How I Became a Neo-Francoist Revisionist Historian Without Realising
Written by: Julius Ruiz
Julius Ruiz, the author of The 'Red Terror' and the Spanish Civil War, discusses the complicated reaction incited by the Spanish version of his book.
In January 2012, the Spanish version of my Cambridge University Press monograph on Republican terror in Madrid during the Spanish Civil War was published. Having worked on this project for a decade, I was well aware that the book’s findings might be distasteful for some. At least 8,000 so-called ‘fascists’ were executed in the Spanish capital during the conflict, and the killings were a huge blow to Republican attempts to present themselves as fighting for democracy. Republican sympathisers then and now claim that these largely extrajudicial murders were carried out mainly by anarchist or criminal ‘uncontrollables’ without the approval of the Republican government, which eventually put an end to the terror after the first six months of the war. My research, on the other hand, suggested that the perpetrators were generally skilled leftist Popular Front militants who subsequently entered the government’s reconstituted security forces. Most importantly, I suggested that terror should not be seen as extraneous to the antifascist war effort, but integral to it, as the elimination of the internal enemy- the so-called ‘Fifth Column’ -was seen as a prerequisite for victory.
To my surprise, the book was serialised in one national newspaper- El Mundo– and its arguments reported in others. The important exception was the centre-left daily El País. This was an ominous sign of things to come. I was of course interested in how pro-Republican historians would respond to (and critique) the book. I got my answer that spring with the publication of En el combate por la historia [Fighting for History]. This was a volume edited by Professor Ángel Viñas of the Complutense University in Madrid. Viñas is well-known in Spain as the scourge of right-wing ‘revisionism’. This book was no exception. In his chapter ‘Francoist Residues and Offshoots: Some Examples’, he cited my work. There was no attempt to analyse my arguments; I was lambasted for using Francoist sources, as if no other historian have used these sources before. Most depressingly, there was no interest in considering the book as a work of history; rather he saw it as a weapon to pursue a nefarious political agenda.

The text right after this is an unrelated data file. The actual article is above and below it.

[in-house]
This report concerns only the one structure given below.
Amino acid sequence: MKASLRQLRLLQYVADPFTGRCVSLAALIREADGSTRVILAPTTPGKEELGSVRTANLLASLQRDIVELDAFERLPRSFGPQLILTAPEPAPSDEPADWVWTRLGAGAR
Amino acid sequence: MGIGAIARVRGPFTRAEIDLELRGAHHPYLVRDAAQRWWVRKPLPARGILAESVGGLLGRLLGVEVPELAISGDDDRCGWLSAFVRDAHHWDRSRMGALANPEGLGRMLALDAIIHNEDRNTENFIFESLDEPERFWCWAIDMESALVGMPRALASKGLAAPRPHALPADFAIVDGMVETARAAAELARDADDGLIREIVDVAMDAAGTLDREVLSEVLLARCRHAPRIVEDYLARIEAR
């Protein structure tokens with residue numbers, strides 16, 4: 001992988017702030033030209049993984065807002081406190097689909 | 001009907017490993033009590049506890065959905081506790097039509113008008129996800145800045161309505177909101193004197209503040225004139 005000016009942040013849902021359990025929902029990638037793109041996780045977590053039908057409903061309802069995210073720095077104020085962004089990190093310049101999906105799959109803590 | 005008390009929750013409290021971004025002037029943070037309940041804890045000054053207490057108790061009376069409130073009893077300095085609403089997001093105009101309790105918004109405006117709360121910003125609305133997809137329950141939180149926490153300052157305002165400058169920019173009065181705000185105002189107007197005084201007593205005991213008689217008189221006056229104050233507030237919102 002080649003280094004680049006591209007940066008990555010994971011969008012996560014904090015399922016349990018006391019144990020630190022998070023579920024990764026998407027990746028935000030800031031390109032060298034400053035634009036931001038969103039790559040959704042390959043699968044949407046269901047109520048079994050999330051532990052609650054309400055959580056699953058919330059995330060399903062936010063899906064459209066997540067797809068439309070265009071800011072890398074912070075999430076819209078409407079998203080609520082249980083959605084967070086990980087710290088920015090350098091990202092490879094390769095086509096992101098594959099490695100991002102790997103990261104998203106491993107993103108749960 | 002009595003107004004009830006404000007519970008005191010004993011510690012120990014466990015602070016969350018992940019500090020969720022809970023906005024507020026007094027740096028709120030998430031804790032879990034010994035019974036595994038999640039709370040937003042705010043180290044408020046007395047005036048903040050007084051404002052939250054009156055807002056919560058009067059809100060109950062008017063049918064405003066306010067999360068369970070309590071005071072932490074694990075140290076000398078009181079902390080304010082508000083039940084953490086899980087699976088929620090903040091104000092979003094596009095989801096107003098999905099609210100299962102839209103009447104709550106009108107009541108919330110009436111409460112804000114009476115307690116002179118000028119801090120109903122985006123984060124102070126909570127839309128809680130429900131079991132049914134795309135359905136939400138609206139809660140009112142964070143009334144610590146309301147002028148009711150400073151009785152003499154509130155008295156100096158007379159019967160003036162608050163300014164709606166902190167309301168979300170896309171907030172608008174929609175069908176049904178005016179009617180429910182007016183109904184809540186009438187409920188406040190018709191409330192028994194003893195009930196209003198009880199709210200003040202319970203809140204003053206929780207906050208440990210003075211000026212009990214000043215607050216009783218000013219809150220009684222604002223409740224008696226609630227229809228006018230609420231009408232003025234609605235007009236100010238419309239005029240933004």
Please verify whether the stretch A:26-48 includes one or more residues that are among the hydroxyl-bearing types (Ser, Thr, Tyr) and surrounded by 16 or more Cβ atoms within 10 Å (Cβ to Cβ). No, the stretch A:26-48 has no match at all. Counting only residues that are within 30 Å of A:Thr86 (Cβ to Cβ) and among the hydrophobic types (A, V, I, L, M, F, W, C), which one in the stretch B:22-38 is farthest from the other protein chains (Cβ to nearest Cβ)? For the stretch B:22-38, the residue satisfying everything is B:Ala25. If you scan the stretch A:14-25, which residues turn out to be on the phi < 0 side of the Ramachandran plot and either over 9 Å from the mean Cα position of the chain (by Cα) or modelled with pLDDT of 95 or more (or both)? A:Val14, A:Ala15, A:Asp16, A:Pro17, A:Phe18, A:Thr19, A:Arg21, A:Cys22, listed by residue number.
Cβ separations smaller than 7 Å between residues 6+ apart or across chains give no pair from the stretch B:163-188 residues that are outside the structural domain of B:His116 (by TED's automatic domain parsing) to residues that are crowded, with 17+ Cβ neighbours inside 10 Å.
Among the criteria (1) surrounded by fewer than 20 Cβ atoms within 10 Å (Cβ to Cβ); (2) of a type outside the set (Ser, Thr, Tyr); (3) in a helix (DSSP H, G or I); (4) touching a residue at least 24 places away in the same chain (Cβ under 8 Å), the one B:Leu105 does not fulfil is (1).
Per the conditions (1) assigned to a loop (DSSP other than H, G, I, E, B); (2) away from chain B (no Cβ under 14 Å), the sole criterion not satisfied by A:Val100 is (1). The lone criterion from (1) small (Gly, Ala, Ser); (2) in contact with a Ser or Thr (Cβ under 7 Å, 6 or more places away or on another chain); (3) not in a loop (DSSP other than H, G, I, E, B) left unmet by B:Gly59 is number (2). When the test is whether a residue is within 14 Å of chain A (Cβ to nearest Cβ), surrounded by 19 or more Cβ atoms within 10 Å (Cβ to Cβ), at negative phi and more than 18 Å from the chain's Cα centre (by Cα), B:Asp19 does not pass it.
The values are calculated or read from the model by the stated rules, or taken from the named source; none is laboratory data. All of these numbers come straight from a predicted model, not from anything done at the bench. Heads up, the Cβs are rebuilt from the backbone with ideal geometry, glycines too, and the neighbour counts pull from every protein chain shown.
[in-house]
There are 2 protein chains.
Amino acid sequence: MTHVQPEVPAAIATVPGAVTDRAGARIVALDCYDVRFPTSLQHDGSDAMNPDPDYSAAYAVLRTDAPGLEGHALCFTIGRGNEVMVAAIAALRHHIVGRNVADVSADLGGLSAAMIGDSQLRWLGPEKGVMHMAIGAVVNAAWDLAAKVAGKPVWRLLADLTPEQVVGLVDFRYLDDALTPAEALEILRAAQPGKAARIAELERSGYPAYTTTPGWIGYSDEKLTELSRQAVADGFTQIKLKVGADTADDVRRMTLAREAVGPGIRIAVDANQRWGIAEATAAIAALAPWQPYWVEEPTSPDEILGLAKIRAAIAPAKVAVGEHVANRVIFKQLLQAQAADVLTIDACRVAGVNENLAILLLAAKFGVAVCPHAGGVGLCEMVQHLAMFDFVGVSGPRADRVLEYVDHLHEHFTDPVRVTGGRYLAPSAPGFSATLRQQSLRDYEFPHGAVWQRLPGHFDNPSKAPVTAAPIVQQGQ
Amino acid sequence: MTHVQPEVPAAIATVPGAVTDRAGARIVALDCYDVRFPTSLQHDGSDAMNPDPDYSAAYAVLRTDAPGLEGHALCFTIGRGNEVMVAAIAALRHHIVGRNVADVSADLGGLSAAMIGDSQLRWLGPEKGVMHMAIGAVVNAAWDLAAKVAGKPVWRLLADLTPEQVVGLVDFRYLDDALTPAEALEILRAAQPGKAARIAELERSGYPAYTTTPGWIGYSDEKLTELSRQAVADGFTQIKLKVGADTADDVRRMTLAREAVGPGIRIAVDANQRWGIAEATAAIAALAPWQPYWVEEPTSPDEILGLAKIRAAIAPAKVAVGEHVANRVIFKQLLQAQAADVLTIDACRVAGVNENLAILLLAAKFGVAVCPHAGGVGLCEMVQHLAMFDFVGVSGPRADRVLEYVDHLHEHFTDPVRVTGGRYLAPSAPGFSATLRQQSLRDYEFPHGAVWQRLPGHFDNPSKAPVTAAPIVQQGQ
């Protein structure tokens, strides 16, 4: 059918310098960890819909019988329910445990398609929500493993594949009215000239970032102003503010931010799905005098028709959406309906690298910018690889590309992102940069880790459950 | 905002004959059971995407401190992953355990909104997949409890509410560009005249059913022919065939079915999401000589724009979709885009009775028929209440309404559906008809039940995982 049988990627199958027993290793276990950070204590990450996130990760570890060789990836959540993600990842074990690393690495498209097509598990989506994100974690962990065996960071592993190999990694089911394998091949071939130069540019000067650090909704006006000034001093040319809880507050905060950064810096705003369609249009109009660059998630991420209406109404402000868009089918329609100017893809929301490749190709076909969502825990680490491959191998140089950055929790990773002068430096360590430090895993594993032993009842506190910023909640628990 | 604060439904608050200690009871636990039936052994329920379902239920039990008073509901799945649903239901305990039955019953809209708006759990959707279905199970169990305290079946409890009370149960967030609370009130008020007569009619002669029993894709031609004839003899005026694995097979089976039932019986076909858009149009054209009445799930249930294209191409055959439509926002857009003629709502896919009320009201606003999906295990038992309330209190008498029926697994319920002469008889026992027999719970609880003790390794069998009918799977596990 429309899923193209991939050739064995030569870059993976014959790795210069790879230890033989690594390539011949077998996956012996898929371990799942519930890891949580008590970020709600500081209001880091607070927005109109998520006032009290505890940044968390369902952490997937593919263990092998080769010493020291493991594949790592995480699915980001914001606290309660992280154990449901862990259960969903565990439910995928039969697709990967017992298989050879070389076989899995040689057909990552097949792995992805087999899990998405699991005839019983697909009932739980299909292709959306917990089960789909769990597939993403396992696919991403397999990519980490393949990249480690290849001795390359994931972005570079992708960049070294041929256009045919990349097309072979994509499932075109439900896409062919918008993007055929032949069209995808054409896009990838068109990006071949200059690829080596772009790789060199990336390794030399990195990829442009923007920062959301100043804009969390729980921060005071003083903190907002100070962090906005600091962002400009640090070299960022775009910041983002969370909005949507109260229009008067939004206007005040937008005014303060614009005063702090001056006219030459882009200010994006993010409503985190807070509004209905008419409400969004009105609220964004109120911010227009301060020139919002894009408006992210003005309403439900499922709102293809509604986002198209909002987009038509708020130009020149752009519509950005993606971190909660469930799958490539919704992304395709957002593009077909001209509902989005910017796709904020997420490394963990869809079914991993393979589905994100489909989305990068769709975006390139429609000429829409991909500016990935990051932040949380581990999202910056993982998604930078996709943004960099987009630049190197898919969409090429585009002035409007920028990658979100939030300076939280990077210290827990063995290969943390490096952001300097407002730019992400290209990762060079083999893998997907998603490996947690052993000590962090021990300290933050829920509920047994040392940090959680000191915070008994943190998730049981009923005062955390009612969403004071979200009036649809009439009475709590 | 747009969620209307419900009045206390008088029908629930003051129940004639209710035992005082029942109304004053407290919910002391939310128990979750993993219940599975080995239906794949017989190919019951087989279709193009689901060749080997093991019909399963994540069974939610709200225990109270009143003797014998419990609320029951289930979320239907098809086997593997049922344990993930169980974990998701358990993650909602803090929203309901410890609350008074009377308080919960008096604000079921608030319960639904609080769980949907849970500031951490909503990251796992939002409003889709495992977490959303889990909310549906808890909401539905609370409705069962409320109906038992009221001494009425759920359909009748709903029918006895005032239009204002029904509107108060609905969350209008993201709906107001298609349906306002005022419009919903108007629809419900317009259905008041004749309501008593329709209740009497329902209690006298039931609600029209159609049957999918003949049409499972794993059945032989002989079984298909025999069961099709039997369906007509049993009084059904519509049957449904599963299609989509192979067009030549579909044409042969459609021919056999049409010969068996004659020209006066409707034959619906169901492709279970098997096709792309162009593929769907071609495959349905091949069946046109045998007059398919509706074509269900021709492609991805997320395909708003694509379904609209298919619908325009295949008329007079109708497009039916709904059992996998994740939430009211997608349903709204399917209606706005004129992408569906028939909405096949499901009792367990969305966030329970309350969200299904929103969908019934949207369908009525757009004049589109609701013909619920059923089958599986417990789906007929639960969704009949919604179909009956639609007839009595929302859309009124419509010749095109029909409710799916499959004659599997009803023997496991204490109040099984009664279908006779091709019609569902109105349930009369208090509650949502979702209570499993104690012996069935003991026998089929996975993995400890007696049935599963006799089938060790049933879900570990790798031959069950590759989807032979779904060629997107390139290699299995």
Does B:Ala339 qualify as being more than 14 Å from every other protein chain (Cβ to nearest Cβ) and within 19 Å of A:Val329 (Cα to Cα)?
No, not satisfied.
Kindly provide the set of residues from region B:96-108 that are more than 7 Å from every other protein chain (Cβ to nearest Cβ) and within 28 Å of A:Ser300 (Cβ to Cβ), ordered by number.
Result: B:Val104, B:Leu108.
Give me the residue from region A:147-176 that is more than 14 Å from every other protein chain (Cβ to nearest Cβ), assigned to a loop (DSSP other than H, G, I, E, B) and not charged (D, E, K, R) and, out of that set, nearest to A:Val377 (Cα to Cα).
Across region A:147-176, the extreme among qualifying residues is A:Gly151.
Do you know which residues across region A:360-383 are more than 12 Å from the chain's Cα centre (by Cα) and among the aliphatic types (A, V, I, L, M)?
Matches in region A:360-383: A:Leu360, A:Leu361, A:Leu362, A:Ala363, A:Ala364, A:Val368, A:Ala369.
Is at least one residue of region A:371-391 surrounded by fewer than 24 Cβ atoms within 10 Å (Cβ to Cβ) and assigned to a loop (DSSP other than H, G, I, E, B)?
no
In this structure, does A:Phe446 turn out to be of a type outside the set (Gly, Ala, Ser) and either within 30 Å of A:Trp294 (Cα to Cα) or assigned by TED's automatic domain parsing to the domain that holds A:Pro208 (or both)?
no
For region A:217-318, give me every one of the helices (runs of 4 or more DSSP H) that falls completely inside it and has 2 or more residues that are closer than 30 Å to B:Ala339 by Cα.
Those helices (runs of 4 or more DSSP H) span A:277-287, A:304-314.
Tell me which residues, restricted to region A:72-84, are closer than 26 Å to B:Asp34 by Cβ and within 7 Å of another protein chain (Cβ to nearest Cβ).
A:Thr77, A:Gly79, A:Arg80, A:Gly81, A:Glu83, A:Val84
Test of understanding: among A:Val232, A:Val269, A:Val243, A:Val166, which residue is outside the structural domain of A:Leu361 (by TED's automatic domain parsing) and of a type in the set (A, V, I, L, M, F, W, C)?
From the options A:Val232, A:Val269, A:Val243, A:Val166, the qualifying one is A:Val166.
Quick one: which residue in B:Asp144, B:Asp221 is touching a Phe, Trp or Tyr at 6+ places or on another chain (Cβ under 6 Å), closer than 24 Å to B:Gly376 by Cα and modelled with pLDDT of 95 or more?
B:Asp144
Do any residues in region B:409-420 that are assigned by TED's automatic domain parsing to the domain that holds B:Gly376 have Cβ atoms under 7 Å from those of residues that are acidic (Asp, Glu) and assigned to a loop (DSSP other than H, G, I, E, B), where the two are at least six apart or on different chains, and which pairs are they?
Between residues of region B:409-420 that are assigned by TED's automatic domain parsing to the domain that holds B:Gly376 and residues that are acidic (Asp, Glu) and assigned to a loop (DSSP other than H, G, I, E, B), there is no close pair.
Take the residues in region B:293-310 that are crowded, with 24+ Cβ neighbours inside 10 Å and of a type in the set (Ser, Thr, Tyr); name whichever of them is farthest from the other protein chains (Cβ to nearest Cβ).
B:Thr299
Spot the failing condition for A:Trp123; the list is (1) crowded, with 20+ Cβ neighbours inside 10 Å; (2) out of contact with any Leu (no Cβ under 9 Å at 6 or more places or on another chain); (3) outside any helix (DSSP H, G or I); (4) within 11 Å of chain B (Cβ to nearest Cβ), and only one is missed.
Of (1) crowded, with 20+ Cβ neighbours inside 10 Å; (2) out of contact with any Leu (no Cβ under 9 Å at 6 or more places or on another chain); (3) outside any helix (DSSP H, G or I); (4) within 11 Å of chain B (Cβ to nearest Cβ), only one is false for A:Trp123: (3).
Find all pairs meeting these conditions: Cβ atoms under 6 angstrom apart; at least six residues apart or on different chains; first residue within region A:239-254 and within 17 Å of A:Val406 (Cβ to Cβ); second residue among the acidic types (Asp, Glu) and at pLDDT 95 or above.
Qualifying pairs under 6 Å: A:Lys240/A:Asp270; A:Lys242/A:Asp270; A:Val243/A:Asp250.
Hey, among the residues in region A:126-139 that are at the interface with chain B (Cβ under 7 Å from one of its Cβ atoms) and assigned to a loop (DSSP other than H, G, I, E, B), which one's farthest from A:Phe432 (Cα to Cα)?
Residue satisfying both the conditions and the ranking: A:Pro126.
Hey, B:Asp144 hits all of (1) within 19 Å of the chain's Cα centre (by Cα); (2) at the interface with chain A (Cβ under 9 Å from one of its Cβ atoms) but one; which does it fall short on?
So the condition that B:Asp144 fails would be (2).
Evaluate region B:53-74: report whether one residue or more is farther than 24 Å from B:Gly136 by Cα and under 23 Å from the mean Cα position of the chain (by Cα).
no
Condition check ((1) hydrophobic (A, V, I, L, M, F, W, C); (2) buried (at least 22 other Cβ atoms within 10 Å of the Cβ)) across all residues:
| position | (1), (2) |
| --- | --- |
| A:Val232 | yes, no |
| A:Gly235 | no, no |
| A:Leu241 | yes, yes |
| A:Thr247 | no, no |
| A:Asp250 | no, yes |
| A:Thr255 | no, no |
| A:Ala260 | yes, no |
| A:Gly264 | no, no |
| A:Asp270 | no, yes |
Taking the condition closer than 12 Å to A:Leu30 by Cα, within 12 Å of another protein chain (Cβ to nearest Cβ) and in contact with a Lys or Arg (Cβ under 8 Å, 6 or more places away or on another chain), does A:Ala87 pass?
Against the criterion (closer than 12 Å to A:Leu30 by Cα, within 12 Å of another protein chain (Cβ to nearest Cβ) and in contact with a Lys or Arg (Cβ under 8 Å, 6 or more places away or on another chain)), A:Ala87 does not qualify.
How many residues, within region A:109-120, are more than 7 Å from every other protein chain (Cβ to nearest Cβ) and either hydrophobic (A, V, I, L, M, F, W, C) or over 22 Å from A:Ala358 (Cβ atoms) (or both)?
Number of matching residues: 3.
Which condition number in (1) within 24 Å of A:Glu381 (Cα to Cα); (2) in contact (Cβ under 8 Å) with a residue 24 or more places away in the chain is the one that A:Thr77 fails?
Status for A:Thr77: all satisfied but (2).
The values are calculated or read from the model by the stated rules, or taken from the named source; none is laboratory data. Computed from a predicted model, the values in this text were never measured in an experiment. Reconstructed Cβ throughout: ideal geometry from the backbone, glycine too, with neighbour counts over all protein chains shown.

I am not the only historian to have been subjected to Viñas’s invective. And Viñas is only one example of a ‘militant tendency’ within the historiography of the Spanish Civil War that is determined to defend the reputation of the antifascist ‘last great cause’ that so strikingly caught the imagination of intellectuals in the 1930s. Nearly eighty years after the beginning of the conflict and forty years after the death of General Franco, any perceived criticism of the righteousness of the Republican cause is to risk accusations of ‘neo-Francoist revisionism’.
Foreign commentators often criticise Spaniards for failing to come to terms with the dark history of the Civil War. By this they mean that there is a resistance to see Franco as a genocidal tyrant akin to Hitler and Stalin. This is accompanied by a romanticisation of the Republic and those who resisted Franco. Revolutionary anarchists, socialists and communists, it is averred, in reality fought to defend liberal democracy in July 1936. In fact, these ideas have shaped how the Spanish left has seen the civil war since at least the death of Franco in 1975. There has been little genuine reflection on why 50,000 ‘fascists’ were murdered in the Republican zone; the knee-jerk response is that Franco killed more people. This helps explain why the historiography on this crucial subject has been weak. To historicize Republican atrocities is to invite denunciations of ‘being a ‘Francoist residue’.